• The default maximum iteration is set at 200 or maximum function calls at 2000. I raised them to 5000 and 250000 respectively, just to test, not to suggest the simplex optimization method requires that. As some of you may have experienced, another factor in tweaking is link function. The point here is: if called for, more iterations and function calls now can be handled with the HPFMM procedure fairly quickly
    • What does not converge under PROC FMM probably still does not converge under HPFMM, eventually. So, exploratory data analysis, design, business domain, prior or posterior knowledge about the model project remain quintessential for success. 
    • Rules of thumb such as "identity link runs much faster than other links" probably still hold, everything else being equal, as far as I have tested. 
The HPFMM log,



  1. You can set message level to get more details. 
  2. Three traffic lights on top left corner indicate summarily how the program goes.
  3. Carrying ~200 variables into the process with 5 million records (yes, I deliberately decided not to write Keep= or Drop = statement to shrink input variable list, because the time spent on writing that code likely exceeds the time taken to finish the entire job without dropping them, the 27-28 second mark), it finished below 28 seconds. 
  4. The gap between CPU time and Real time is still large, percentage wise, but I care less since it is in seconds, unlike regular SAS session where the gap may be in minutes or hours
  5. This is genuine in-memory computation in which the data set is loaded into memory residing with the 14 nodes on the target Hadoop cluster. Once the job is done, data are dropped off the memory space. The resulting output data set, as I wished and specified, is written to the cluster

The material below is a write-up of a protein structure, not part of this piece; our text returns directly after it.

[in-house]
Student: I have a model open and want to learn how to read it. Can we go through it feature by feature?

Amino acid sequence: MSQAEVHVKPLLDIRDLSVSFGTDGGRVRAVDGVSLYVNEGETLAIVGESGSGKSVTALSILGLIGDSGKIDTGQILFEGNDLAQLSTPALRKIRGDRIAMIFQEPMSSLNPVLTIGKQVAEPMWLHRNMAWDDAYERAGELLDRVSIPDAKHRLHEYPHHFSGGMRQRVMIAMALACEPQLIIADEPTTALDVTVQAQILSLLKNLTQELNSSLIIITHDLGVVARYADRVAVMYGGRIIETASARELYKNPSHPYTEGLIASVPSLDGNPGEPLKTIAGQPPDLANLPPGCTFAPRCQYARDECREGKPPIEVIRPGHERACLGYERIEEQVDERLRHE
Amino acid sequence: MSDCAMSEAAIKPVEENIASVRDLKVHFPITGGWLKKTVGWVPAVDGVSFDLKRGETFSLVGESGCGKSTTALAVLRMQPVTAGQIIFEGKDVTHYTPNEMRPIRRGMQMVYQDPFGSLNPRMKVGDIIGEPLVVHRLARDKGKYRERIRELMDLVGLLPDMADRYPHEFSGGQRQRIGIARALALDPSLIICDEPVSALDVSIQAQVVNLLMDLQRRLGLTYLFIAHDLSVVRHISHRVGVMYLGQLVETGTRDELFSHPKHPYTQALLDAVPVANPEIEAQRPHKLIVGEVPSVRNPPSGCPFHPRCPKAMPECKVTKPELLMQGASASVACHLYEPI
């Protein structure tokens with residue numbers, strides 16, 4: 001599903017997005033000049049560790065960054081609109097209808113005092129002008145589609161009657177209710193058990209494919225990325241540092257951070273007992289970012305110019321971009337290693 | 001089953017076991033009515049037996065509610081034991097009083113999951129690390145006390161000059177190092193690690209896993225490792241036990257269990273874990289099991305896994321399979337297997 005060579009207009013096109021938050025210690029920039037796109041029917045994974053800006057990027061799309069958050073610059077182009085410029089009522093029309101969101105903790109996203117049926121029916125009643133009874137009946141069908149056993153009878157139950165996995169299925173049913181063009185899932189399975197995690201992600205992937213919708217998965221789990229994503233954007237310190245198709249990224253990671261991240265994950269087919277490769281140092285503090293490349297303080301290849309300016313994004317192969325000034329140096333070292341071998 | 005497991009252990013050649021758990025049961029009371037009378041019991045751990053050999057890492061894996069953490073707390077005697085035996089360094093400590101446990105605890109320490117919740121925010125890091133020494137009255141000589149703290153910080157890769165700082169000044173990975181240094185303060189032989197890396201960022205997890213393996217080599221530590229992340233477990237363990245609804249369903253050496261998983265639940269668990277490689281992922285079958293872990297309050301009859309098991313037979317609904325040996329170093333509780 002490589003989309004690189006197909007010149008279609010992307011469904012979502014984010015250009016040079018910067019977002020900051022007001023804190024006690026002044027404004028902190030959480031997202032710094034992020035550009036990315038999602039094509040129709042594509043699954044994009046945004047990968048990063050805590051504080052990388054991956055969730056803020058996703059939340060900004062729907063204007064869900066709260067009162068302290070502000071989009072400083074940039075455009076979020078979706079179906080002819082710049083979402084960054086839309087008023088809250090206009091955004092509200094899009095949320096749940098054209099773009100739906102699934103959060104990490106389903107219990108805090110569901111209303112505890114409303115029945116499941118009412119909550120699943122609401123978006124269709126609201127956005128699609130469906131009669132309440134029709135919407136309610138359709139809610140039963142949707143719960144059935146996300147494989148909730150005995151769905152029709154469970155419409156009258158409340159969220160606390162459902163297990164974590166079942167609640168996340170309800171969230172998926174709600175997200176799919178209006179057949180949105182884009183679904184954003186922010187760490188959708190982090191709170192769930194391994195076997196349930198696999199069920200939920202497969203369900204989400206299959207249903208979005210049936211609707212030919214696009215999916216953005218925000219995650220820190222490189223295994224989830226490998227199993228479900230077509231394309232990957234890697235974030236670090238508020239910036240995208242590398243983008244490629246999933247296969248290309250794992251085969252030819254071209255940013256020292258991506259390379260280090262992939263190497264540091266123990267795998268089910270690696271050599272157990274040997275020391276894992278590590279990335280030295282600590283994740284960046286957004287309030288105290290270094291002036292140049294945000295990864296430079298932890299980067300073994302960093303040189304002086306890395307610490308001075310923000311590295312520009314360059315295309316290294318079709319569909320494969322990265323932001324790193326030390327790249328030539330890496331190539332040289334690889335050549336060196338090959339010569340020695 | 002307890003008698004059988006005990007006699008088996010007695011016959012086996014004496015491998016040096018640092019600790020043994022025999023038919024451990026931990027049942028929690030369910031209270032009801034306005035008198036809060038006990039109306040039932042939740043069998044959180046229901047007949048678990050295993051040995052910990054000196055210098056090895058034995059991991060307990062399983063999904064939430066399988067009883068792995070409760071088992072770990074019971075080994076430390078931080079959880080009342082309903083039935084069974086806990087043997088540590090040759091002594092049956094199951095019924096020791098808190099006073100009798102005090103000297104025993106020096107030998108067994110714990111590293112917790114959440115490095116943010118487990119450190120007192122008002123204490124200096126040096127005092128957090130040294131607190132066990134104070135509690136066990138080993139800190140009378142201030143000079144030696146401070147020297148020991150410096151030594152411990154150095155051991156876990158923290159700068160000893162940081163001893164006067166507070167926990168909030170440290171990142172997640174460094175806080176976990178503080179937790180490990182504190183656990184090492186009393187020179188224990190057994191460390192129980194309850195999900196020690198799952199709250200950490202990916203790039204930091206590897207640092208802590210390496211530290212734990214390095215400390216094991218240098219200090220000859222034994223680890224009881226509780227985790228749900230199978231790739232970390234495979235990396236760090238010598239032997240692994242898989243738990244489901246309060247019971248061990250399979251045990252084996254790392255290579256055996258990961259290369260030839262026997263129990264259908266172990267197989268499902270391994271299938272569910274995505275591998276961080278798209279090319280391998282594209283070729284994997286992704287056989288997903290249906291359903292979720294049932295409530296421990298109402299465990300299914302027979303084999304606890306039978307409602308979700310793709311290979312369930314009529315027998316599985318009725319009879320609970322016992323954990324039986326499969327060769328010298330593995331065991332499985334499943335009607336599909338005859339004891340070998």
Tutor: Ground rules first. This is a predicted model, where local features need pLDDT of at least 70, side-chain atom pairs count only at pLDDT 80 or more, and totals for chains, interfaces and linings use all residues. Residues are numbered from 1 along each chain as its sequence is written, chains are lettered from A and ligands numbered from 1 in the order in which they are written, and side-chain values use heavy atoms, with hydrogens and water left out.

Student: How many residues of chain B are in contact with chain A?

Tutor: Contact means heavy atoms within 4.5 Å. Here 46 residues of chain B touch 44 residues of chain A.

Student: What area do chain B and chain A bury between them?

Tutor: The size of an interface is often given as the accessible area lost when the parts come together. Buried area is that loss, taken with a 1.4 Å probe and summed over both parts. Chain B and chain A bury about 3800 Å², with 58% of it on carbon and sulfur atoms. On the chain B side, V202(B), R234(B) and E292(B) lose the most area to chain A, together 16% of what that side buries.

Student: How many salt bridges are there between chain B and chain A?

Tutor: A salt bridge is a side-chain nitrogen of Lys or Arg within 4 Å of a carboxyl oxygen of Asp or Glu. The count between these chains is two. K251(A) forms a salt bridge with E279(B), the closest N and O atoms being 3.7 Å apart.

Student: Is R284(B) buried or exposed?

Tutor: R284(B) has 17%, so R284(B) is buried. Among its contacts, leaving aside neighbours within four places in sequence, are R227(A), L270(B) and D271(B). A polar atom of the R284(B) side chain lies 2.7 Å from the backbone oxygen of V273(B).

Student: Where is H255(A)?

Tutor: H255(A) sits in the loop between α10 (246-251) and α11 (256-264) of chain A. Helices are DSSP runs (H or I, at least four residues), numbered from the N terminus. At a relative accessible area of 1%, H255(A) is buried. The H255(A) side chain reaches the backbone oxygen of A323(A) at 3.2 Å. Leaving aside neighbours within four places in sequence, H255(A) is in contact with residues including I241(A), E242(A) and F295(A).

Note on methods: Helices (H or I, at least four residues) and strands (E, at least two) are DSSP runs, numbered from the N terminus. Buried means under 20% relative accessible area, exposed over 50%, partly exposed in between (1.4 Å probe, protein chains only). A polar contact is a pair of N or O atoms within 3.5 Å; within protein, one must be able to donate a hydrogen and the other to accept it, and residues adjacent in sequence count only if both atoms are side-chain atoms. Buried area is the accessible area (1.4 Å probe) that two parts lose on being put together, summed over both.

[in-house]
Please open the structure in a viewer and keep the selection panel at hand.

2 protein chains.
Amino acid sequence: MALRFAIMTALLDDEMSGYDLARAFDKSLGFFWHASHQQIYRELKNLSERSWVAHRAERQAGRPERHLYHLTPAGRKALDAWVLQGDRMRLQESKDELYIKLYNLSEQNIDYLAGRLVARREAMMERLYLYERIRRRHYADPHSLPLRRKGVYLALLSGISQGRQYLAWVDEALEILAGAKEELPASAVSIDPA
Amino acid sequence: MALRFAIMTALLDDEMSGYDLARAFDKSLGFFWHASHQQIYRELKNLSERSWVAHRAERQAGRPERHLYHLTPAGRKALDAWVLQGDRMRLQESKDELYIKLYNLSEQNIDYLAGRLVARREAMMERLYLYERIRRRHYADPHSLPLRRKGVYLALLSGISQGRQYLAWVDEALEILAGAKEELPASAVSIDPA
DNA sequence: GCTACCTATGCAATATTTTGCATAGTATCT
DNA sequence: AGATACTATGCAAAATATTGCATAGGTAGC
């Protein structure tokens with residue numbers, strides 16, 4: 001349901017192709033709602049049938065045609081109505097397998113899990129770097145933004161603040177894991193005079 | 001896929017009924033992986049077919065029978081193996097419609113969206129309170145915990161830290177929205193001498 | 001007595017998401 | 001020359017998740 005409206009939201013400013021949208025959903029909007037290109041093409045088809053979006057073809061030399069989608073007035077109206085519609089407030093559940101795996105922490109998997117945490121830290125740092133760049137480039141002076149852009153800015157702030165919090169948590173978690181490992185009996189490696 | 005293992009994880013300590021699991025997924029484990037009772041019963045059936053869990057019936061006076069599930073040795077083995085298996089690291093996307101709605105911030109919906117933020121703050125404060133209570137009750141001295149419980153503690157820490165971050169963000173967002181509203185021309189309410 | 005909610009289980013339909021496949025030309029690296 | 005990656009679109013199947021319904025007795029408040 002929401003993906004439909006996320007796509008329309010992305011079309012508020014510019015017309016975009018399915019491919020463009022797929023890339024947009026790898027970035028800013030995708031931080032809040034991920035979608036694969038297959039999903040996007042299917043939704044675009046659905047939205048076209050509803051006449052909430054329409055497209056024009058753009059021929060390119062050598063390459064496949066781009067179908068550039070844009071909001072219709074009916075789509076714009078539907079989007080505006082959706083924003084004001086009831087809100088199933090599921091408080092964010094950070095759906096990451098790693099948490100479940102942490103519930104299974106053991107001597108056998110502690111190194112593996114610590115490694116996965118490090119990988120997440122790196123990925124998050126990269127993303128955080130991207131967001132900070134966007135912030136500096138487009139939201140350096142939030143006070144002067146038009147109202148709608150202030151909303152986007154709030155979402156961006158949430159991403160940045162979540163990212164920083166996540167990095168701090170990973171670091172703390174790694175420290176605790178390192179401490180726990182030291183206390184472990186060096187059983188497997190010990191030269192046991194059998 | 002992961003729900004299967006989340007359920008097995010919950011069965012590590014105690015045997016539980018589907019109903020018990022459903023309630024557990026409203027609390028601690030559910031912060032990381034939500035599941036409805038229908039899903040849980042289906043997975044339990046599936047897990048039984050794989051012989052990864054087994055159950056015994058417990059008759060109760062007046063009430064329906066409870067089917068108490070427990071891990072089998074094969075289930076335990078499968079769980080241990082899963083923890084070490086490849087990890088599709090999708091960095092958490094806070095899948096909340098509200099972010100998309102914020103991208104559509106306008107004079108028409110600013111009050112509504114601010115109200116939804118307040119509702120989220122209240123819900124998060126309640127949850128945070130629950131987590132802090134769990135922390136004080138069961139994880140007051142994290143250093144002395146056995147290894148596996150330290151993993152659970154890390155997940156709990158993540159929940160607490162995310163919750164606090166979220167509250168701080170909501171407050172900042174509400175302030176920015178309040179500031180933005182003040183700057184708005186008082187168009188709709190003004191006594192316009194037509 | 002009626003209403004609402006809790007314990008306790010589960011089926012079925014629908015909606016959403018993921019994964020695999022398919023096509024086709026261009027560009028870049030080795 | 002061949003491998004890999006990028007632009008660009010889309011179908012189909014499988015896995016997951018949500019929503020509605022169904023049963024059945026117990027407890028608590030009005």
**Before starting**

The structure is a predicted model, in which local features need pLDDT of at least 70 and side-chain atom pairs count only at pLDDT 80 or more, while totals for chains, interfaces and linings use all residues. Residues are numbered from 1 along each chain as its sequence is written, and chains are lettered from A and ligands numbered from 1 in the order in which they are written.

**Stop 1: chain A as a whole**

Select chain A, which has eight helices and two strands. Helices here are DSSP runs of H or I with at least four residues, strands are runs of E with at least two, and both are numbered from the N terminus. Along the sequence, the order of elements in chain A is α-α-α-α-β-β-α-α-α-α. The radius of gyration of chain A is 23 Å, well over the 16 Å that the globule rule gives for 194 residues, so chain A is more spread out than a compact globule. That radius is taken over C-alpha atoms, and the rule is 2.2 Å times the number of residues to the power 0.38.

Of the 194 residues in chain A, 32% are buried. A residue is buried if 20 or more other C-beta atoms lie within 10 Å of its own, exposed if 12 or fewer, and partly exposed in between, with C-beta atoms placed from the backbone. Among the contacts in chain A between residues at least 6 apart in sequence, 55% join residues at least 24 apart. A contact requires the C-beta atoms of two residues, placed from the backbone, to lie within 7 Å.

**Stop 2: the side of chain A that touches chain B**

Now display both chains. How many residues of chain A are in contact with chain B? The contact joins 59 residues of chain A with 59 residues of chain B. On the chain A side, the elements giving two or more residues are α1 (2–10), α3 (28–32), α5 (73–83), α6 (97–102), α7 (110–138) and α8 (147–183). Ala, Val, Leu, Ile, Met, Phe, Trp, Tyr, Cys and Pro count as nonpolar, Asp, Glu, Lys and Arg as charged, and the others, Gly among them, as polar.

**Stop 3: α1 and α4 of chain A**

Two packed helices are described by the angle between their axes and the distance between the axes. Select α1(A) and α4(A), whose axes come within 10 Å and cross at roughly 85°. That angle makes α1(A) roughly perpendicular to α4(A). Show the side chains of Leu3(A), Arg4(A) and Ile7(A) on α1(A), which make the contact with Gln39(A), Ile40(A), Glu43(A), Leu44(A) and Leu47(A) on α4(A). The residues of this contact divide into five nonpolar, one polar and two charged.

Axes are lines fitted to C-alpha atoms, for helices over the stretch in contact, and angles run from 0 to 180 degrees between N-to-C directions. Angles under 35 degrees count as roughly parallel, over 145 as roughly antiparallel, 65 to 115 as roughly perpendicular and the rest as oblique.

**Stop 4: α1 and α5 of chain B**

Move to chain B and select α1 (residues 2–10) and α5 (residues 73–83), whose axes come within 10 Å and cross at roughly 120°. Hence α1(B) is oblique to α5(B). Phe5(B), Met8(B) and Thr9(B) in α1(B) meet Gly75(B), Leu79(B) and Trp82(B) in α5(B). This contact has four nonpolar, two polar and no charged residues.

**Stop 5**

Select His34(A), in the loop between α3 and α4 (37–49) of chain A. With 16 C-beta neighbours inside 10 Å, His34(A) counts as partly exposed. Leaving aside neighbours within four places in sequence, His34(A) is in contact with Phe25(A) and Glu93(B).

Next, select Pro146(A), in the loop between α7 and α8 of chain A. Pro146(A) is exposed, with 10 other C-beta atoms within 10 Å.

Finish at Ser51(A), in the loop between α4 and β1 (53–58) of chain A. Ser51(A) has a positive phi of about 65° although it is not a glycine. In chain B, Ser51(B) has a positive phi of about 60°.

6. When using PROC FMM, tackling 5 million rows with 200 + variables is harder to manage; on the 32 GB Windows machine where this blog is being typed right now, I cannot have PROC FMM to finish the job. I have to cut the data set down to the short list of variables to make it through. And it took > 16 minutes. 
  7. Overall, you still need to be data efficient. If you have, say, >600K variables (a near reality where a lot of text/unstructured elements are involved in modeling <not necessarily FMM>), you may still consider Keep/Drop variables. 
FMM output, the administrative section,

  1. Count of Hadoop nodes involved in the job is first reported
  2. You then see link function details. Some modelers disrespect identity. Well, in this specific case, I have tested, in a total of 10 minutes, that three other link functions do NOT provide better results any way. Respect what the data have to tell you, because IDENTITY is the fastest
  3. All the estimation / convergence is now ML
  4. The class variable details should be exciting simply because now you are running on full sample in so little time. 
HPFMM output, the estimation section, 


  1. The fit statistics and Z value, pretty straight forward. You can read all the books to appreciate underpinning definitions and rules; I am not sure I am qualified to profess you on the technicalities here (I don't have Ph.D title) 
  2. One cautionary note: keep in mind these are computed statistic. Always interpret and use them with the specific data condition in mind. They may not be as 'portable' as you think, which blunt the motivation many decide to leverage mixture modeling, to begin with.
FMM output, the performance section (sort of),

  1. The probability estimate serves as a direction as to how 'well' the model is. Data some time defy what numbers you should put in as K value (or range thereof). In some cases, you have to 'insist' or 'hold on' to your K value even if data support 'better' mixing probabilities otherwise
  2. Professor Malthouse's book, aforementioned, provides great examples using PROC KDE and PROC SGPLOT to assist with K value insights. KDE on large data set can also be practiced with another SAS in-memory product IMSTAT (the KDE statement there) and SAS Visual Analytics (VA). 
Thank you.

Autumn of 2014, from Chestnut Hill, Massachusetts